The former Tyrolean ÖVP-EU-Abg. Richard Seeber was not legally acquitted of the charge of serious fraud at the Innsbruck regional court on Monday. He was accused of having made bogus invoices from an external consultant and his daughter in the amount of around 400,000 between 2006 and 2010. Judge Andreas Mair stated in his judgment: “It is not an acquittal without doubt”, but one that “leaves a lot open”.
But the defendants do not have to “prove themselves freely”, reminded the chairman of the lay judges’ senate. There are many processes that are “worth questioning”. For the court it was not sufficient evidence that some of the invoices submitted were identical. In addition, the Senate stated that there was a “breakdown in the employment relationship” between the employees who reported Seeber. The 59-year-old Seeber explained why he needed a consultant and why he could not rely on his assistants.
The second accused adviser, a 65-year-old Romanian and an acquaintance of Seebers since the 1980s, was also acquitted in case of doubt. During his interrogation, he could still remember individual reports that he had prepared. “One did not get the impression that he was confronted with something that he had never heard of,” said the judge. The assistants’ suspicions spoke against Seeber that something was going wrong. At the end of the verdict, Mair summed up: “A somewhat stale aftertaste, which, however, cannot be to the detriment of the accused”. The public prosecutor and the representatives of the private parties made no statement.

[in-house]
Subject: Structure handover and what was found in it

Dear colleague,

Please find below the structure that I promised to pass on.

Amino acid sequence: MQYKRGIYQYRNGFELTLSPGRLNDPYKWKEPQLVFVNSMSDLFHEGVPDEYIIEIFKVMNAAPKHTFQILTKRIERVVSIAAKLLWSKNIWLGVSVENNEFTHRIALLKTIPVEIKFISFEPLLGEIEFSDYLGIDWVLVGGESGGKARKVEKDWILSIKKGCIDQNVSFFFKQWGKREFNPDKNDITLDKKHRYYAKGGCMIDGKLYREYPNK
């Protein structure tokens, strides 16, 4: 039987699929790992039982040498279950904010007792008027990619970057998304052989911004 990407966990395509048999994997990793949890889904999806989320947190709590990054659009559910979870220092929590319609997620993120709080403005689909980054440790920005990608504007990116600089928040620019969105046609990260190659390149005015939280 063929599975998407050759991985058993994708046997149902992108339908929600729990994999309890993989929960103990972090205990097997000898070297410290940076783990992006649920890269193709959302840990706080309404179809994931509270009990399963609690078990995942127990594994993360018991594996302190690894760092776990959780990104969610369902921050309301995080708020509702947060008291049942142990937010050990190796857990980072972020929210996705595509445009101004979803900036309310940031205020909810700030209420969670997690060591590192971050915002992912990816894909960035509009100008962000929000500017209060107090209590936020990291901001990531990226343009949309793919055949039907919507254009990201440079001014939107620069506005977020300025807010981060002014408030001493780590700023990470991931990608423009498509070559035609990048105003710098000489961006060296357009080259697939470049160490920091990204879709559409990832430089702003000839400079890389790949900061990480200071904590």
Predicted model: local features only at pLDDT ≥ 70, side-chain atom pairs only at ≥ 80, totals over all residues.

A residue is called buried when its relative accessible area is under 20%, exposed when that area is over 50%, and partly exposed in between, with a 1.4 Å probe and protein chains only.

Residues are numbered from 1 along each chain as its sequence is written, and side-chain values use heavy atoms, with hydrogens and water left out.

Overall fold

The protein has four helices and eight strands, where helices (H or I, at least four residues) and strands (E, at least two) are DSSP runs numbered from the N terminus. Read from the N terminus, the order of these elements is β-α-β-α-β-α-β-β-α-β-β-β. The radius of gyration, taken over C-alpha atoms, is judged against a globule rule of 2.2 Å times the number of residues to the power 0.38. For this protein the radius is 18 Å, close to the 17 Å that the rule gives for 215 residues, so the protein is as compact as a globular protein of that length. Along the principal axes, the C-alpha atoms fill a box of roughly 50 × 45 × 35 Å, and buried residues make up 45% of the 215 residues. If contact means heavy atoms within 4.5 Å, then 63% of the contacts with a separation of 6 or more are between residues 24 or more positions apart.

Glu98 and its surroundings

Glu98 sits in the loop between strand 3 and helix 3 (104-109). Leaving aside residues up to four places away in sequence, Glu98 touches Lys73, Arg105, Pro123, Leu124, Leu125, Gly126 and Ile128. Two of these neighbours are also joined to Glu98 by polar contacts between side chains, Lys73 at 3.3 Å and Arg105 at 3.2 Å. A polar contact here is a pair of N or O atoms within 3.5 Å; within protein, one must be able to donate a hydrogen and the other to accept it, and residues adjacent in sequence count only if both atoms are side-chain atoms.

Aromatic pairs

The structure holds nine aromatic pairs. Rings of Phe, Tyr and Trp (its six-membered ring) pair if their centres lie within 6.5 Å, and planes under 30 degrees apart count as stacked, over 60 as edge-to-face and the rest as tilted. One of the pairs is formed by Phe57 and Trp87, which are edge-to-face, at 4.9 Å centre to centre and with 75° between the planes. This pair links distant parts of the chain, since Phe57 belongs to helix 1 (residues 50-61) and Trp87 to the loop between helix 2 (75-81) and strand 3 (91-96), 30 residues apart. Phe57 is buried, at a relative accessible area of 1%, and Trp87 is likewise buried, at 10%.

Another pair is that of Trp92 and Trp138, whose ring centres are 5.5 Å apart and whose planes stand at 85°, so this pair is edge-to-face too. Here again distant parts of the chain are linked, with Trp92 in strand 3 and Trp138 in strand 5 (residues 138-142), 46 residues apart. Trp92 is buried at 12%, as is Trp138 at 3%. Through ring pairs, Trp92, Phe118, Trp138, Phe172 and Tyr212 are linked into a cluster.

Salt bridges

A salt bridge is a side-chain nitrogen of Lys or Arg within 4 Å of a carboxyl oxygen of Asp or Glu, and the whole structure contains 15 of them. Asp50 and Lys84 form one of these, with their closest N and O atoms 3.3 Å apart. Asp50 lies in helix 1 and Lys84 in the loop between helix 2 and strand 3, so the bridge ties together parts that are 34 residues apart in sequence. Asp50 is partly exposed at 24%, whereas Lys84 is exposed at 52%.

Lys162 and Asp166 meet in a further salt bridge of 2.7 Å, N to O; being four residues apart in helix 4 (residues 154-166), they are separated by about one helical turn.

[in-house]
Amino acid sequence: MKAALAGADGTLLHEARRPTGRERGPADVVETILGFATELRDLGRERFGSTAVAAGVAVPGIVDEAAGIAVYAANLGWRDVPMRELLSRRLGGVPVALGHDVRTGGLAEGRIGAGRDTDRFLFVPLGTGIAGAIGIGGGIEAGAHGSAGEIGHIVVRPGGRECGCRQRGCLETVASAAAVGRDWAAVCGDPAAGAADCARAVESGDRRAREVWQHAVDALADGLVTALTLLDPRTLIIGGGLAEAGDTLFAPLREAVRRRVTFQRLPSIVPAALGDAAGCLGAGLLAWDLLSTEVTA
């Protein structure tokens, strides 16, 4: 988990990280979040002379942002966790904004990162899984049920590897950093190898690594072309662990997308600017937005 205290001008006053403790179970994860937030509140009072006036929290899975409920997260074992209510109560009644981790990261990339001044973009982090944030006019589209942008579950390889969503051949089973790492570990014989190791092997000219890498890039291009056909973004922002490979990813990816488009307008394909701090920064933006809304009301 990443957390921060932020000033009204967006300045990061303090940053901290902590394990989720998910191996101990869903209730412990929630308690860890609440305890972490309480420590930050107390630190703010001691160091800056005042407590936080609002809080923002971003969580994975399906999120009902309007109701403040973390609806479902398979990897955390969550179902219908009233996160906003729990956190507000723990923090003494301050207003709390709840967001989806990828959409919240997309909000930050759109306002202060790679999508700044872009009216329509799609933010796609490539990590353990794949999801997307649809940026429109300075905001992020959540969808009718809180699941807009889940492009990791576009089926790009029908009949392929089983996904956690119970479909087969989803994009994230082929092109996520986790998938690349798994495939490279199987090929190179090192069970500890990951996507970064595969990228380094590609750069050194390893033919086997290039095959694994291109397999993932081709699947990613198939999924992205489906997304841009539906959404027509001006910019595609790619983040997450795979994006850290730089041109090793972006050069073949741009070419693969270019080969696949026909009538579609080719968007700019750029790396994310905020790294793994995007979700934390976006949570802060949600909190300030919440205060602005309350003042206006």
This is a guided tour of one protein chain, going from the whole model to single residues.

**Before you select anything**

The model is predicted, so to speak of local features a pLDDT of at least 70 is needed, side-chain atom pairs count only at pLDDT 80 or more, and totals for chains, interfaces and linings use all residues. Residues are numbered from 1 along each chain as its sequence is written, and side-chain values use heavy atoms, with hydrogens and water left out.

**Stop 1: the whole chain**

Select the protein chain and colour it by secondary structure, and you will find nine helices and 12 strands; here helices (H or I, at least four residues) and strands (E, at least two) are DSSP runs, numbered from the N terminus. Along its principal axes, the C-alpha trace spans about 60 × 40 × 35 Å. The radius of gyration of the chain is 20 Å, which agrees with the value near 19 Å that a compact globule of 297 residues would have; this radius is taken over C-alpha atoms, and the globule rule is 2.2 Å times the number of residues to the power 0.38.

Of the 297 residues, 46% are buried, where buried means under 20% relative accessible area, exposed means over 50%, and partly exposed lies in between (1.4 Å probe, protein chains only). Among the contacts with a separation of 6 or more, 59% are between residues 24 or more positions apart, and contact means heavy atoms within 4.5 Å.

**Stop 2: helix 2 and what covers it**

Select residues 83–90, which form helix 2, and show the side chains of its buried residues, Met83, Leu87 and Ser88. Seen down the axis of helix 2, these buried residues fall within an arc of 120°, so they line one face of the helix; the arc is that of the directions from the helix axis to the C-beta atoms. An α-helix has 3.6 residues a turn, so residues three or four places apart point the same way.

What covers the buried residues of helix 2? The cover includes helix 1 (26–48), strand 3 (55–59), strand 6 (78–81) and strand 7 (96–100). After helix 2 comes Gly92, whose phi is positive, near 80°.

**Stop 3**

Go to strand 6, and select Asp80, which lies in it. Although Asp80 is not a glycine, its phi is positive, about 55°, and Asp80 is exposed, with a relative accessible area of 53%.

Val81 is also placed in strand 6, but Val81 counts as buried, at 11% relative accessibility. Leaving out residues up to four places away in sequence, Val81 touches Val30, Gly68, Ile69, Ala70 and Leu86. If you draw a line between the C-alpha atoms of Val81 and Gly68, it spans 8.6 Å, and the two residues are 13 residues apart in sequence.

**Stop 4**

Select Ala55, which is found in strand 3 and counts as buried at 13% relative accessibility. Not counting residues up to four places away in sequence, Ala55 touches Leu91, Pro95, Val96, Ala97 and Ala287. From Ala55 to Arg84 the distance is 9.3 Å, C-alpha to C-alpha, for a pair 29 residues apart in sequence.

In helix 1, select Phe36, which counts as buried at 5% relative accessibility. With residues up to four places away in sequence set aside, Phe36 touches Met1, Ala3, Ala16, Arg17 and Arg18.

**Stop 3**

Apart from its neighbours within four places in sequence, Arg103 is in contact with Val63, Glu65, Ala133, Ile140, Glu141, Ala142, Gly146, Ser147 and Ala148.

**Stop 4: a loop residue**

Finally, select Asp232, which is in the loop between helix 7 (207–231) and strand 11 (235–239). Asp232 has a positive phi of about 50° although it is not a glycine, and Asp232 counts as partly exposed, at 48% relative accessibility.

Numerous witnesses questioned
Numerous witnesses were heard during the trial, which took place three days from the end of September. In addition to Seeber’s wife, a few assistants had their say, some of whom burdened the suspended head of the Tyrol office in Brussels. Two of them said in court that they had reported Seeber to the EU fraud authority on suspicion of fraud. Most of the employees stated that they had never seen the consultant and had not seen any reports or expert opinions.
Seeber’s wife, on the other hand, exonerated the former parliamentarian, who sat in the EU Parliament from 2004 to 2014. In their common home in Brussels, she had seen the 65-year-old’s reports because Seeber had this expertise sent to her home and not to the office. She also reported regular phone calls between the two of them. In addition, a friend of the Romanian testified at the negotiation that he had often heard that he was working for an MEP. (apa)